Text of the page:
The means of proving discrimination as argued by Ginsburg was procedural in nature — was Stephen Wiesenfeld denied benefits “on account of his sex”? — yet this rule was nested within a very thick description of the nasty work that sex discrimination accomplished in real people’s lives. We saw Ginsburg make similar moves when she transitioned from advocate to justice. In Ledbetter v. Goodyear Tire & Rubber Co. (2007), the court ruled that the statute of limitations on a sex discrimination claim starts running when the discrimination commences, not when the party being discriminated against learns of the discrimination. In a strong dissent, Ginsburg offered a homily on how sex discrimination really operates in the workplace: “Pay disparities often occur, as they did in Ledbetter’s case, in small increments; cause to suspect that discrimination is at work develops over time. Comparative pay information, moreover, is often hidden from the employee’s view.”
Finally, a third aspect worth noting as we consider Ginsburg’s legacy is that she was more committed to a politics of equality than liberty, in contrast to, say, her colleague Justice Anthony Kennedy. Unlike many reproductive justice advocates of the 1970s and today, Ginsburg regarded sexual liberty – including reproductive rights – not necessarily as an end in itself, but as instrumental to the larger cause of sex-based equality. Ending pregnancy-related discrimination and ensuring access to the full range of reproductive health care – including contraception and abortion – were necessary in order to secure women’s workplace and civic equality, in her view. In her briefs and judicial opinions, she returned to a notion that women could never be fully equal in the workplace or enjoy the status of full and equal citizens if they could not control their reproductive lives. In this sense, protecting reproductive rights and sexual liberty were a means of securing women’s equality to men. She was less inclined to defend sexual rights as independently fundamental.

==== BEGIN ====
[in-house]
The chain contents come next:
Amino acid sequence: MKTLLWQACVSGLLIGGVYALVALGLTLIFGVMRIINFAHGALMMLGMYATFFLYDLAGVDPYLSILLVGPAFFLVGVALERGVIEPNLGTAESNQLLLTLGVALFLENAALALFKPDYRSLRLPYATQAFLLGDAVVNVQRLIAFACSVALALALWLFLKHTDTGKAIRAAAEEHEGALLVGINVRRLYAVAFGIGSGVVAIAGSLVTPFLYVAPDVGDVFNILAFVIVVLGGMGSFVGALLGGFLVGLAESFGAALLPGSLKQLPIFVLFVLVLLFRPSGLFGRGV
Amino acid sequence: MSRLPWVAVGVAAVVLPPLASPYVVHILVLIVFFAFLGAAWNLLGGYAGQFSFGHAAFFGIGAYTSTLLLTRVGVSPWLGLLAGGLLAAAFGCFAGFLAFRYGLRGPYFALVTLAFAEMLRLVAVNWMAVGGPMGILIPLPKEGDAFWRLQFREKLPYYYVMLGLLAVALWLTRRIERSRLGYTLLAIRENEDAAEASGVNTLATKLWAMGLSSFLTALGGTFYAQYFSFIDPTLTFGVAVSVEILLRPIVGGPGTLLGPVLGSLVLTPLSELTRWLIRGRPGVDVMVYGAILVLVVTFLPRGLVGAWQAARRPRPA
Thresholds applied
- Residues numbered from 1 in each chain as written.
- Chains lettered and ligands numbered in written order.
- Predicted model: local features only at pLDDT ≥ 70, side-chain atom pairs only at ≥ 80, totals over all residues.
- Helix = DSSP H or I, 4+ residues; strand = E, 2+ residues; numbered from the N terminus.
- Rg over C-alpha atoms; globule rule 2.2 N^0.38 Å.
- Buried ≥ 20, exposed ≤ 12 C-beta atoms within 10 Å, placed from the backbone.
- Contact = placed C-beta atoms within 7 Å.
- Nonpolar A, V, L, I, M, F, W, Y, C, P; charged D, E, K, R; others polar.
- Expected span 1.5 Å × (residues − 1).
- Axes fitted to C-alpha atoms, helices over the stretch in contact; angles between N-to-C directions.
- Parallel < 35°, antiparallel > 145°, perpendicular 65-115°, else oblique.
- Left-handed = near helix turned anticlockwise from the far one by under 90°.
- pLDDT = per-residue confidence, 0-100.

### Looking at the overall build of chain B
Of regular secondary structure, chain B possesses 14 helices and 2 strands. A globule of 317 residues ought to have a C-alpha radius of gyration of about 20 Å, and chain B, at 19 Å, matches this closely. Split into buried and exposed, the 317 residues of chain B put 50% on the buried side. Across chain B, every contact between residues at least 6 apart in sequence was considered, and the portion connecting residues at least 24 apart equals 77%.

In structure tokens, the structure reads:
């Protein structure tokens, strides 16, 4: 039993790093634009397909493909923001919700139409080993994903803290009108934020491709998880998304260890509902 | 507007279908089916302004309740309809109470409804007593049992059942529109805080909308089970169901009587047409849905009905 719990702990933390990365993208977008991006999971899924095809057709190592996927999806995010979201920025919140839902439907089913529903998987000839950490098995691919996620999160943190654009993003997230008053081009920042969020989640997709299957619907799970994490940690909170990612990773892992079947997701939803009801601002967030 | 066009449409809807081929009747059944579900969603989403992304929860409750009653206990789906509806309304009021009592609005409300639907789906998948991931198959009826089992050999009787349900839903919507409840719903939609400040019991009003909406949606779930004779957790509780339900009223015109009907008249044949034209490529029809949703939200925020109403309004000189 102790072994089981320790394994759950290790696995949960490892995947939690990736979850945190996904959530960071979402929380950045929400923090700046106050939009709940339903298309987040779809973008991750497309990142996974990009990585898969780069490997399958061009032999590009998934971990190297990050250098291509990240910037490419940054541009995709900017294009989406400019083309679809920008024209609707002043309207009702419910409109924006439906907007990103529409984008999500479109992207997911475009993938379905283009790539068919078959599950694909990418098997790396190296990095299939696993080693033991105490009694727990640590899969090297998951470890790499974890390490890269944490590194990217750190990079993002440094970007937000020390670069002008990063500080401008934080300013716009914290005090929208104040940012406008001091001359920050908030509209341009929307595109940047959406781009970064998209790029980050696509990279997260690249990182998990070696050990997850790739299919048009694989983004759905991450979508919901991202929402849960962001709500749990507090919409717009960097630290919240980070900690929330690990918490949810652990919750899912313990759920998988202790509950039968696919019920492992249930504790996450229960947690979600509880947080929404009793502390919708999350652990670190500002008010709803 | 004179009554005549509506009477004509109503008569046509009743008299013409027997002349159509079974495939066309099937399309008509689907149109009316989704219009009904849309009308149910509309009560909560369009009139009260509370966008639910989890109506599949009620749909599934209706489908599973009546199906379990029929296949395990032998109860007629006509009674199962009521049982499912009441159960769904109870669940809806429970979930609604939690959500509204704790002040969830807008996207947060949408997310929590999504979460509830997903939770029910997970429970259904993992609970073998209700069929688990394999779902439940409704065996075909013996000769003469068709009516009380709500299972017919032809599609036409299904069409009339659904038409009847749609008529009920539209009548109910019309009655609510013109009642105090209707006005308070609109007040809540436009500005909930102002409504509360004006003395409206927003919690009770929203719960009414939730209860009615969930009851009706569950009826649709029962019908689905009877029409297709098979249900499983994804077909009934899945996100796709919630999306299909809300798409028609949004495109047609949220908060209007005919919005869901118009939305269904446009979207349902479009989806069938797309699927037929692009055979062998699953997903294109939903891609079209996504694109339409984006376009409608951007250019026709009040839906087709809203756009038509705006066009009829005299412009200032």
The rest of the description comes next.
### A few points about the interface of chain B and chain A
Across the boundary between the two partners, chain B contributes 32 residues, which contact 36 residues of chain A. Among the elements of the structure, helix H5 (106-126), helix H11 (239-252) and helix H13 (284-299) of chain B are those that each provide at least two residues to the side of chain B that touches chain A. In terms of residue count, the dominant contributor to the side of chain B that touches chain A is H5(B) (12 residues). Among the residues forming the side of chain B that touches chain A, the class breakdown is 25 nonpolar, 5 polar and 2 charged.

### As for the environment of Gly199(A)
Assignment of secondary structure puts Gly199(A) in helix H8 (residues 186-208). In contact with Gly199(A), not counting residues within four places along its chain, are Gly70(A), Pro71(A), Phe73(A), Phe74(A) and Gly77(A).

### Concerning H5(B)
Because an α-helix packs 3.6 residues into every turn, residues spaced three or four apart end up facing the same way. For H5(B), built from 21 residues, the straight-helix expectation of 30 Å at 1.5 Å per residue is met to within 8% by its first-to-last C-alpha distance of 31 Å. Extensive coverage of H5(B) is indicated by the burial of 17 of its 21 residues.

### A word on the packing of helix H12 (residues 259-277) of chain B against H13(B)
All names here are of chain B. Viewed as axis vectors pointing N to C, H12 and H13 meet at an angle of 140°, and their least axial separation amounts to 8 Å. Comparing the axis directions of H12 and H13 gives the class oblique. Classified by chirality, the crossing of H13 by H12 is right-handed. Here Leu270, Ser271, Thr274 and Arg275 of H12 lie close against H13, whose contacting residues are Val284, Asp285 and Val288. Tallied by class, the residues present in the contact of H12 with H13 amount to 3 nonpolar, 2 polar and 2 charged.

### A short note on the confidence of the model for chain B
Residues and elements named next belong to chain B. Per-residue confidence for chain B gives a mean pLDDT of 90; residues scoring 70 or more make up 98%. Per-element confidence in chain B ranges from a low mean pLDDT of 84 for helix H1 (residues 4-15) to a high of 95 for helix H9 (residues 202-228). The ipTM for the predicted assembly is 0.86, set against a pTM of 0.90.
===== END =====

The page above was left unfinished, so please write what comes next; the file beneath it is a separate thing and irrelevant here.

When Ruth Bader Ginsburg, barely five feet tall even in her pumps, stood to argue her case before the Supreme Court in Duren v. Missouri (1979), Chief Justice Warren Burger leaned toward her and said, “Mrs. Ginsburg, you may lower the lectern if you would like.” She replied, “Yes, I could do that.” “Yes, I could do that” captures the ethos of her work as an advocate advancing the cause of sex equality, and her power, brilliance and bravery as a jurist. She was not a radical feminist, but rather her approach to sex equality was shaped by, and then in turn shaped, what the law could accomplish in eradicating sex-based classifications and stereotyping in a wide range of contexts. As she ended her oral argument in Frontiero, quoting powerful words from Sarah Grimke, “I ask no favor for my sex. All I ask of our brethren is that they take their feet off our necks.”